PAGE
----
it. The best thing about it is that you can just do it

tomorrow… You can just wake up with an idea,

make a website, and go. One thing that deters

people is the risk. It’s always going to feel terrifying

because you are running away from this security.

That’s why being a student is prime time to

become an entrepreneur and at least trying it out,

because there’s less risk. If it doesn’t work out,

you tried, and you’ve still got the security of higher

education. And if it does work… it’s a win-win

scenario.

Could you explain a little bit more about who

the main target audience of BlueTap is?

WHO THE AUDIENCE IS ENTIRELY

DICTATED BY THE TECHNOLOGY

Its kind of dictated by the fact that the original

problem came from working in Mexico City, with

Mexico being an emerging market, so its not at all

the poorest billion living in rural areas. So the way

that the technology works is that it kind of has to

work alongside a rainwater harvesting system or

flowing water. And to have flowing water, you’re

probably not in the poorest 700million people. I

think the right kind of solutions for the poorest

people is, in lots of ways, government or aid provided

water or large particle filtration rather than

chlorination. So, I guess the reason we are focused

on the ‘middle market’ is because that is

right for the technology. Ideally, if we could sell in

loads of different markets, we could grow our revenue.

And because we are a social enterprise, we

could put that money back into projects. We

could then start developing new technologies that

are right for the poorest billion. But yes, it is really

just dictated by the parameters of how the technology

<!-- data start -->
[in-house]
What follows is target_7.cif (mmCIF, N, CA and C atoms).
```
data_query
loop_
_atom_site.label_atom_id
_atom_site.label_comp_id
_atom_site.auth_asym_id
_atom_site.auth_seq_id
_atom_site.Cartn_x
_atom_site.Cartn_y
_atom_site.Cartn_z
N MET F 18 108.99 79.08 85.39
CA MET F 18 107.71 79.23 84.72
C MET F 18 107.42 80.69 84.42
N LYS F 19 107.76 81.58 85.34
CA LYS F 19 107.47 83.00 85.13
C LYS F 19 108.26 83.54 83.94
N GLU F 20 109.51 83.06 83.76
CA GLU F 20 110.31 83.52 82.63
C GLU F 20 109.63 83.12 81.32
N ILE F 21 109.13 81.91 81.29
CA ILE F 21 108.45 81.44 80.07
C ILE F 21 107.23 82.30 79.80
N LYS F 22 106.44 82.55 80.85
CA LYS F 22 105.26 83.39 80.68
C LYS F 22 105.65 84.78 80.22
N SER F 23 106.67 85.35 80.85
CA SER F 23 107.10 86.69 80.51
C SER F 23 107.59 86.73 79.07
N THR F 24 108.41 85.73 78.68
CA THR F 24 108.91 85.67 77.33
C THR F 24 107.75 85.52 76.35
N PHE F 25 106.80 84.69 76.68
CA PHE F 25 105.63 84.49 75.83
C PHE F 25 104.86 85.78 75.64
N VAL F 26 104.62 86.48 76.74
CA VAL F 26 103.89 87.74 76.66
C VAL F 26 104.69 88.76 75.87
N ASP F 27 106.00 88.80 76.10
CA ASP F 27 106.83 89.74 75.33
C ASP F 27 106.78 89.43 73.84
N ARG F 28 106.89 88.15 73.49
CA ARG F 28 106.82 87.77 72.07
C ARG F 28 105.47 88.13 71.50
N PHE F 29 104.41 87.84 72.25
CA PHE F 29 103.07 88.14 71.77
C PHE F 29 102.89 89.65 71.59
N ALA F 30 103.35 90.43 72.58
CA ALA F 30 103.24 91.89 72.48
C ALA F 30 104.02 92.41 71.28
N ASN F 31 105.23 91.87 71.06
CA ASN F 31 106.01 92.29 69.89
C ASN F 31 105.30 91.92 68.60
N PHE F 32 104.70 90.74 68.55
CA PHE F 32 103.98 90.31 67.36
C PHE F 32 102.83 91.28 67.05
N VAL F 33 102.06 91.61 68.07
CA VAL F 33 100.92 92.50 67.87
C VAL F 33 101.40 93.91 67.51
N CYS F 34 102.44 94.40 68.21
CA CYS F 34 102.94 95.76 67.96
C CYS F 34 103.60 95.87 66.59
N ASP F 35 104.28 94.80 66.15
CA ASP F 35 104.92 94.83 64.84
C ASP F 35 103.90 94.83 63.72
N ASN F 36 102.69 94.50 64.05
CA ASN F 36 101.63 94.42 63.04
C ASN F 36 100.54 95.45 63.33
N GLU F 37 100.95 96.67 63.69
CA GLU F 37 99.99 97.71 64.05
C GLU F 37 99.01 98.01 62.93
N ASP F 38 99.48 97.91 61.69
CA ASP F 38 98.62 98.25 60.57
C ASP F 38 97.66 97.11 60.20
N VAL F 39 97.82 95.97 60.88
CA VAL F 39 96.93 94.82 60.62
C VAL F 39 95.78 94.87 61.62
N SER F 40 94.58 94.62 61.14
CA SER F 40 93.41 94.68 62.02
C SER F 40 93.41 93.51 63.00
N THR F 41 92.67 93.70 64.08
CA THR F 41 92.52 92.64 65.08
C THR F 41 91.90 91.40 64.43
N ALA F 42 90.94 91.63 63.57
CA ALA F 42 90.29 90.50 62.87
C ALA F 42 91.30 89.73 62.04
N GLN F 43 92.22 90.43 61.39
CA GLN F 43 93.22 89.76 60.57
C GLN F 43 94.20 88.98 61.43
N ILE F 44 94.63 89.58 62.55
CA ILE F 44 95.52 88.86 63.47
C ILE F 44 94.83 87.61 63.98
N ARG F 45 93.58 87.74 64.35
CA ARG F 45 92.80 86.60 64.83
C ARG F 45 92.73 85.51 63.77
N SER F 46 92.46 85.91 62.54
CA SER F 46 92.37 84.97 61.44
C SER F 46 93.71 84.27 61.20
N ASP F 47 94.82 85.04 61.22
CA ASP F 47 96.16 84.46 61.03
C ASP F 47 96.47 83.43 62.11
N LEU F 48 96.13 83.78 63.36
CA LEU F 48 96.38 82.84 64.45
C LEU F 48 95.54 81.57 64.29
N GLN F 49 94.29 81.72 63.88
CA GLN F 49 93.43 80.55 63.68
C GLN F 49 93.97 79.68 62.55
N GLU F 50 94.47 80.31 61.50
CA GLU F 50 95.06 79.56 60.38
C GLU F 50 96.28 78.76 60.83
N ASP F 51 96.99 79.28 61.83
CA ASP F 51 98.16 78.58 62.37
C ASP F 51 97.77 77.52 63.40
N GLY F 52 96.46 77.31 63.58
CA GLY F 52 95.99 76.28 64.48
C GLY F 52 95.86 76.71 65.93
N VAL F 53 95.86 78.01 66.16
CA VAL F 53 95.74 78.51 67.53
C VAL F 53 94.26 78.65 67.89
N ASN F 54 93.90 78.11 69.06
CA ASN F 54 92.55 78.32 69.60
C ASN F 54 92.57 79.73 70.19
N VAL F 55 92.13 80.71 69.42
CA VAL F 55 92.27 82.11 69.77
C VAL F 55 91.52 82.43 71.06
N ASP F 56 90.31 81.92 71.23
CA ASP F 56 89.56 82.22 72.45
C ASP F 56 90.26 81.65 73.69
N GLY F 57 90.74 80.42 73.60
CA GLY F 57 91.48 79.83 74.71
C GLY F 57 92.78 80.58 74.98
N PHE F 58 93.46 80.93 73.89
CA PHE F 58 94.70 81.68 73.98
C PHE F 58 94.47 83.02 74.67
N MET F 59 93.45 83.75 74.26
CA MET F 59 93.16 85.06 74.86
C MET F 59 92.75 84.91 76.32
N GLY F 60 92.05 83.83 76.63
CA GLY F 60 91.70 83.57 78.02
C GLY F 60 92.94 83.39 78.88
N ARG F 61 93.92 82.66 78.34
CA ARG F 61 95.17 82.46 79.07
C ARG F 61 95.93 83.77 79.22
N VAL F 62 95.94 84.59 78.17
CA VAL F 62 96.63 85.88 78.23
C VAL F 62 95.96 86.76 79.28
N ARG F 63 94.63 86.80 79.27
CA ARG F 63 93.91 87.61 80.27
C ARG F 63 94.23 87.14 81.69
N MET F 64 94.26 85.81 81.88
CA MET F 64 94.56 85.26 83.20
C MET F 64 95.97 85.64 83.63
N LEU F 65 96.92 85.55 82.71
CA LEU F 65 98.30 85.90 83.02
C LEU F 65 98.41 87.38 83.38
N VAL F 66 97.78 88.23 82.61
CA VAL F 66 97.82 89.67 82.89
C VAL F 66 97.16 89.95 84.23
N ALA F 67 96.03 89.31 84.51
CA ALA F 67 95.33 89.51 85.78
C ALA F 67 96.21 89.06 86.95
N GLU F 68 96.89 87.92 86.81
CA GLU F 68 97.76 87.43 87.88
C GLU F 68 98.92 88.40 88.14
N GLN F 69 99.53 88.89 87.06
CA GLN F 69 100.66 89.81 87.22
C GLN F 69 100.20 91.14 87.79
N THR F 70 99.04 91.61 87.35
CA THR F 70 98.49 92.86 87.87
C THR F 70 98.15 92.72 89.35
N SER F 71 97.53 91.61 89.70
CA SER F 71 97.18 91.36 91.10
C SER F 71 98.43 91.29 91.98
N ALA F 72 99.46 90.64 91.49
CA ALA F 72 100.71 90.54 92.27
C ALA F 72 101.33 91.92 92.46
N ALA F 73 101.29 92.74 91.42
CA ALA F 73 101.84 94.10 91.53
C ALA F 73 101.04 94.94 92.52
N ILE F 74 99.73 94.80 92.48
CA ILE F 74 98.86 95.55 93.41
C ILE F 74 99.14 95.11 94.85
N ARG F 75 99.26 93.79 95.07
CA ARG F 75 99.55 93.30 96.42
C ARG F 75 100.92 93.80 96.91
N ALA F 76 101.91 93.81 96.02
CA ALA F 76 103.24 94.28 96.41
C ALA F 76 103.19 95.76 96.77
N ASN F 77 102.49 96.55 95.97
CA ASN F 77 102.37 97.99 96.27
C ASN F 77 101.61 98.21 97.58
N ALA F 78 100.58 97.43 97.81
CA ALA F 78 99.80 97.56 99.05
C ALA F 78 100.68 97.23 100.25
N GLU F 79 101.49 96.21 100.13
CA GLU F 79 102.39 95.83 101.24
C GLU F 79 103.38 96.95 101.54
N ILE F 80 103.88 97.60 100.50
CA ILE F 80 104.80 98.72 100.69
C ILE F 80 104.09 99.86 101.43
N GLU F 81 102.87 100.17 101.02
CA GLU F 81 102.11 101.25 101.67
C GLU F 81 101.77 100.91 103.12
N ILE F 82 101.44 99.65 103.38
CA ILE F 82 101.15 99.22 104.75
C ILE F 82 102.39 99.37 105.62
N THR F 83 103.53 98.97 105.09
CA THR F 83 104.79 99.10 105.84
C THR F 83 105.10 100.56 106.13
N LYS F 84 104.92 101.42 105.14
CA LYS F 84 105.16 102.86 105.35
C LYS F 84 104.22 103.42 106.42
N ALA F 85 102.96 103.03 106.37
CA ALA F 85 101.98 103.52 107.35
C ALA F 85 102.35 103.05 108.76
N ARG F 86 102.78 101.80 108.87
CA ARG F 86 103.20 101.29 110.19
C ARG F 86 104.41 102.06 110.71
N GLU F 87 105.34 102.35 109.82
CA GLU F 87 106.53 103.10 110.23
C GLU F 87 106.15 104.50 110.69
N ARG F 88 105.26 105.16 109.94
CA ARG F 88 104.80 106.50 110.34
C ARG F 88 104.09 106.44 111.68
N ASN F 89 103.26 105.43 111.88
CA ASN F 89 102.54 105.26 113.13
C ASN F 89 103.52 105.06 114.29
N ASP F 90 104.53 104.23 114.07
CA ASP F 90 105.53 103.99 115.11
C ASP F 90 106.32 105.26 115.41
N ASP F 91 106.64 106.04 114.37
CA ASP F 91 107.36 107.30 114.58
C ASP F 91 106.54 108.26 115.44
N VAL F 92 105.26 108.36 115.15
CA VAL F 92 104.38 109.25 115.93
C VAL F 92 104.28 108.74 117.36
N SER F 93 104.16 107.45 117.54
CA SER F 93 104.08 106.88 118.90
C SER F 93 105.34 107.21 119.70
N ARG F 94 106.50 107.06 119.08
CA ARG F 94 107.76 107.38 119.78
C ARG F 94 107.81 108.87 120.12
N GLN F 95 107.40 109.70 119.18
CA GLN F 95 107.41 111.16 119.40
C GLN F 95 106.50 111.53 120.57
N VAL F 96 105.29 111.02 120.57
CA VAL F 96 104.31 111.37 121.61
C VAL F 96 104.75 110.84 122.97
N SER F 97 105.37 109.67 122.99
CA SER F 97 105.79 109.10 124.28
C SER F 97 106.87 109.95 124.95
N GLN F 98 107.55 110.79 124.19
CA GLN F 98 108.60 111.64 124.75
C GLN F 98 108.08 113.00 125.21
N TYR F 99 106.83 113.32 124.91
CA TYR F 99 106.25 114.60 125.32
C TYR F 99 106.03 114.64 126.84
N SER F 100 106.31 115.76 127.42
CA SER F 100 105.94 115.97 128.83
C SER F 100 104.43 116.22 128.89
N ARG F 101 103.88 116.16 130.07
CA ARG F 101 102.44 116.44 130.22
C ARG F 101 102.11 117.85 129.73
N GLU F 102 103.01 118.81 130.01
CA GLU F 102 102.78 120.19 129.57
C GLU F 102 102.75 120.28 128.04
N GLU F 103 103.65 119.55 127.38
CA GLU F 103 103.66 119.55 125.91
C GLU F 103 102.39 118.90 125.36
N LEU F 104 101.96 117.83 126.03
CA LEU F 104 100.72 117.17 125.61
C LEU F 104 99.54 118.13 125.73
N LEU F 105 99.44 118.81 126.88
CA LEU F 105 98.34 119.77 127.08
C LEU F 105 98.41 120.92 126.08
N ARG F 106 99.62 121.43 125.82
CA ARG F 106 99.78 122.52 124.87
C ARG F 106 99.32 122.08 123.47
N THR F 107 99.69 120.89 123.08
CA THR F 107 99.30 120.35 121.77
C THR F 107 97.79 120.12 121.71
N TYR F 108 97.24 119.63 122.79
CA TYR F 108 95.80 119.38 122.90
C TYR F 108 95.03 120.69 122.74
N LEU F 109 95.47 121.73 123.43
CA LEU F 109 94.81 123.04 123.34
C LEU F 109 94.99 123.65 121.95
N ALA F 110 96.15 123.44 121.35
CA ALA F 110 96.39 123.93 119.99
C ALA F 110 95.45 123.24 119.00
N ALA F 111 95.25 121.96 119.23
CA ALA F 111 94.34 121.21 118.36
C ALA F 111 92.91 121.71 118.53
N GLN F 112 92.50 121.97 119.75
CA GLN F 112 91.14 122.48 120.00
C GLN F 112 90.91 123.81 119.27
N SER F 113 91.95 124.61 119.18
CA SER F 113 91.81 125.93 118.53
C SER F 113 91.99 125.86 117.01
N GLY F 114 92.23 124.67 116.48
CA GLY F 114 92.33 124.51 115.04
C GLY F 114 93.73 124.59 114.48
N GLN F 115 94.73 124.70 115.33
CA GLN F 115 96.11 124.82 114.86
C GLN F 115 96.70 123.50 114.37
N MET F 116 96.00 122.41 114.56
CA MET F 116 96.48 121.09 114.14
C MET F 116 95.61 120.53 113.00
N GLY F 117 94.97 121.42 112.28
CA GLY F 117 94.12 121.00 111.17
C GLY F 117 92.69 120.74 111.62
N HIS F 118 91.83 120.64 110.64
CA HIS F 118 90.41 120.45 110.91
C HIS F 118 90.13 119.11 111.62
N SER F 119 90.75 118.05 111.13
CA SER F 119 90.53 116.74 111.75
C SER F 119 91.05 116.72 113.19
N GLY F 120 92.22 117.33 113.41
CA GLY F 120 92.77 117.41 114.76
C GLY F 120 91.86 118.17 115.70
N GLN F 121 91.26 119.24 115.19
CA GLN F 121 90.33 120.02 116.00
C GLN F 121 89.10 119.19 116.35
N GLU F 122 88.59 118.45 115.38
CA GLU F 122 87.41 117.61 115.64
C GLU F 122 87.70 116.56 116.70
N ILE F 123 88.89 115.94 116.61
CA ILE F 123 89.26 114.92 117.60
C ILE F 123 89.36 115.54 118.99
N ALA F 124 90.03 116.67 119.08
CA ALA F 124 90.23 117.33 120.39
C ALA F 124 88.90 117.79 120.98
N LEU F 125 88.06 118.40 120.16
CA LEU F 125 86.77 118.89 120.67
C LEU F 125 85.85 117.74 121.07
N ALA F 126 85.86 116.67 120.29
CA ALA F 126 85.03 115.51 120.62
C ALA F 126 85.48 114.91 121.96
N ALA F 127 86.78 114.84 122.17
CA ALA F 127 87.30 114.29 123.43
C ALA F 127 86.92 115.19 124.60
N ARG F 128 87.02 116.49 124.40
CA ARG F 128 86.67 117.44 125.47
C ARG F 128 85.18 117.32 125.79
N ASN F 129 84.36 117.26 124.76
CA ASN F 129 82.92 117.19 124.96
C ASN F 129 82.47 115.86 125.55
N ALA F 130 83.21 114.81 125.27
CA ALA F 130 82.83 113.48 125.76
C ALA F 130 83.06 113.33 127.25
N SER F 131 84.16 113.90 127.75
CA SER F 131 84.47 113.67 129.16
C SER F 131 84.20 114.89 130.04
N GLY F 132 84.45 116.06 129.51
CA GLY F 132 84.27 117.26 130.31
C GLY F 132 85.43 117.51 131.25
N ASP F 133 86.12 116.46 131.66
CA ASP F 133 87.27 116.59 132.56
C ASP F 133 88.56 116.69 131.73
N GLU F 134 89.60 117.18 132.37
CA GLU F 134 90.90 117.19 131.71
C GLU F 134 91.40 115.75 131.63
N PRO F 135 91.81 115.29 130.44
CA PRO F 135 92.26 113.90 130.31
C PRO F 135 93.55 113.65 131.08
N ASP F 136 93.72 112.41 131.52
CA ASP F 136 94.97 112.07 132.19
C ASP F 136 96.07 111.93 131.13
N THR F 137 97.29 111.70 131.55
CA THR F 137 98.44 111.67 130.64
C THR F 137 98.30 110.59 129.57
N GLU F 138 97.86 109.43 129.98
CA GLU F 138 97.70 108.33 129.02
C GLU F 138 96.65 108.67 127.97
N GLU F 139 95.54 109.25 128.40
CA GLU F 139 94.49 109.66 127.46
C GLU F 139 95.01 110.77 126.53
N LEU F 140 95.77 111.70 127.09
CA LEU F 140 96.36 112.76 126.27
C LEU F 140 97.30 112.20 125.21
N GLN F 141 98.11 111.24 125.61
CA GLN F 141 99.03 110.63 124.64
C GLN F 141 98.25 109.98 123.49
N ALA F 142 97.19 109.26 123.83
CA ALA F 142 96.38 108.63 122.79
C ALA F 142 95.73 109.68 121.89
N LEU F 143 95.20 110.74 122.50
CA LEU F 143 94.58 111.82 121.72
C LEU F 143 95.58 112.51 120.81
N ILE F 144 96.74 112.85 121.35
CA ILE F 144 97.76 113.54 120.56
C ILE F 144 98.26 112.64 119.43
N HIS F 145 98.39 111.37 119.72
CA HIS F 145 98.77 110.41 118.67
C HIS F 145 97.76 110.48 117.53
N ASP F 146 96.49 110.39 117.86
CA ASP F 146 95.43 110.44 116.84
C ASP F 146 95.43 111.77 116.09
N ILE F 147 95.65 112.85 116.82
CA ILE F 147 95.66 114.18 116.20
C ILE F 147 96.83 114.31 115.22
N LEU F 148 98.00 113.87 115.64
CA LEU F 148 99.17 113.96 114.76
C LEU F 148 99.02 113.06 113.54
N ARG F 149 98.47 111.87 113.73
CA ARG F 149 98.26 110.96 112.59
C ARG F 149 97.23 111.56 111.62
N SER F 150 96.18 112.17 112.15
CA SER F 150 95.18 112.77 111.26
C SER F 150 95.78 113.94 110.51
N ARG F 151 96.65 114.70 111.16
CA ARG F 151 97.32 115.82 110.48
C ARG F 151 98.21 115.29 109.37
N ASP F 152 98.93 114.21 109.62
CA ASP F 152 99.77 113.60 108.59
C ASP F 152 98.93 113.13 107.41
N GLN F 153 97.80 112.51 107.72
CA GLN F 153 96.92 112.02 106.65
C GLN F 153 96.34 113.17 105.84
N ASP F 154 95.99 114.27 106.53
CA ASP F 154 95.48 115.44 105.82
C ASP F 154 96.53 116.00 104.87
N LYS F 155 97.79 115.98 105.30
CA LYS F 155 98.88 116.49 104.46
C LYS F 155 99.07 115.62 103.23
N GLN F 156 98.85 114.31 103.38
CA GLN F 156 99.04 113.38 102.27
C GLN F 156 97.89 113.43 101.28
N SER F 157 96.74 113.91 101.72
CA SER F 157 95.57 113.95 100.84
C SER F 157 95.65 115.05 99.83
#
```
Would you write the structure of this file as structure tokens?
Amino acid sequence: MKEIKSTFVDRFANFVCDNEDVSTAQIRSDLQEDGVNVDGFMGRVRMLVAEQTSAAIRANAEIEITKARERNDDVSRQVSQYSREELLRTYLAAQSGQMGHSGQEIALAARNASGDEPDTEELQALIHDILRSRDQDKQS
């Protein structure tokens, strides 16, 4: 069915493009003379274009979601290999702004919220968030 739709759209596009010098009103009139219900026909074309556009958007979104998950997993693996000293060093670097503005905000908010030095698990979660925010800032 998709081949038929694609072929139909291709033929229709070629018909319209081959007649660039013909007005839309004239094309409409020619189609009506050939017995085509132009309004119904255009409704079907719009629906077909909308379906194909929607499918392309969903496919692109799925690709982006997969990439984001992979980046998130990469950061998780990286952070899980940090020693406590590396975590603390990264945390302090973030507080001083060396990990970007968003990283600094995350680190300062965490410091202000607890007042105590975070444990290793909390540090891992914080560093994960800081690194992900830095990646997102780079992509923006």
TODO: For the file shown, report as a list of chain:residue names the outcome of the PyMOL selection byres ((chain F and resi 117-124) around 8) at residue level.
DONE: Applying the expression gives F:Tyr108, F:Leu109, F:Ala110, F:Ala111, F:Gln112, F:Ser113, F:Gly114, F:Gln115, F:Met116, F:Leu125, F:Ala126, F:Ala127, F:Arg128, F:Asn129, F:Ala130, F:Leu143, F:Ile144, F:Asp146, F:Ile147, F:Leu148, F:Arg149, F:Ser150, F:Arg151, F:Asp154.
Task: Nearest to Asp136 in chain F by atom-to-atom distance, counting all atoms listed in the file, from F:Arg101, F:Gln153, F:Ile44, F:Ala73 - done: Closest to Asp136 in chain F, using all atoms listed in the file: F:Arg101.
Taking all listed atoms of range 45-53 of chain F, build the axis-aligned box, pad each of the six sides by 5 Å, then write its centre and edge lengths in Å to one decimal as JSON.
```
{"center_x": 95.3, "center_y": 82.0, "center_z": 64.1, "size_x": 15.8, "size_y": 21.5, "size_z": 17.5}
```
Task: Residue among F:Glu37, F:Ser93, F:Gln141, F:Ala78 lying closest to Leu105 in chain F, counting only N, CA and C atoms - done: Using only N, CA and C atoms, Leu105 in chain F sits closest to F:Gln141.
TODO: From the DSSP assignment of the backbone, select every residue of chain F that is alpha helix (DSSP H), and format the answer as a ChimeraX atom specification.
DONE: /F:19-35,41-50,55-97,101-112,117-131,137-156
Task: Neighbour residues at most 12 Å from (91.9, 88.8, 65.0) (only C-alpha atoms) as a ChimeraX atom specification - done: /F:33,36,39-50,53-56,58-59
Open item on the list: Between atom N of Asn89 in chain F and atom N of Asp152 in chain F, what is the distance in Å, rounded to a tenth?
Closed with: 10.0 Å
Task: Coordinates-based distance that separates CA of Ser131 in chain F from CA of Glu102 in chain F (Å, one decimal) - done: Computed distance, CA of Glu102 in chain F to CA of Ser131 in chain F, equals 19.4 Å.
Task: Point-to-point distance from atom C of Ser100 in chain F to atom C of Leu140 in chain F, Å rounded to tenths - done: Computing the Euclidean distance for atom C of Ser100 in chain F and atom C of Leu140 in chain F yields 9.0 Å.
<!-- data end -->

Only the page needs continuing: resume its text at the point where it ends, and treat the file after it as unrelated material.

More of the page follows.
works.

Finally, in relation to what you mentioned

about access to flowing water… what challenges

do you foresee in the future in regard

to climate-related threats and the increased

severity of droughts? How do you see this impacting

water security and safety? And what

do you feel may be possible solutions?

For me it is super interesting, because the whole

inequality of climate change is most represented

by sub-Saharan Africa. You know, it is interesting,

because I started my PhD – which is in climate

change and water security – in 2016. And when I

start it, there was a lull in interest in climate

change especially in the UK, because Brexit was

happening, Trump was happening… people kind

of got distracted by sort-term political events. And

once those calmed down, in the last three years,

compounded by the fact that we have seen a series

of extreme events in more notable countries

that have more press coverage (like the forest

and bush fires in the US and Australia), people


are now taking climate change really seriously.

But, you can see the impact of climate change

really clearly five years ago in sub-Saharan Africa.

Firstly, sub-Saharan African is warming at a

faster rate than anywhere else in the world.

Secondly, it is more obvious in places in where

people are so reliant on the weather patterns to

create agriculture and food. And when people

are very well connected to the weather, the

changes and shifts are incredibly noticeable.

THE WAY THAT CLIMATE CHANGE IS GOING

TO IMPACT THE WORLD IS THROUGH WA-

TER. THROUGH FLOODS, THROUGH

DROUGHTS. ADAPTING IS KEY.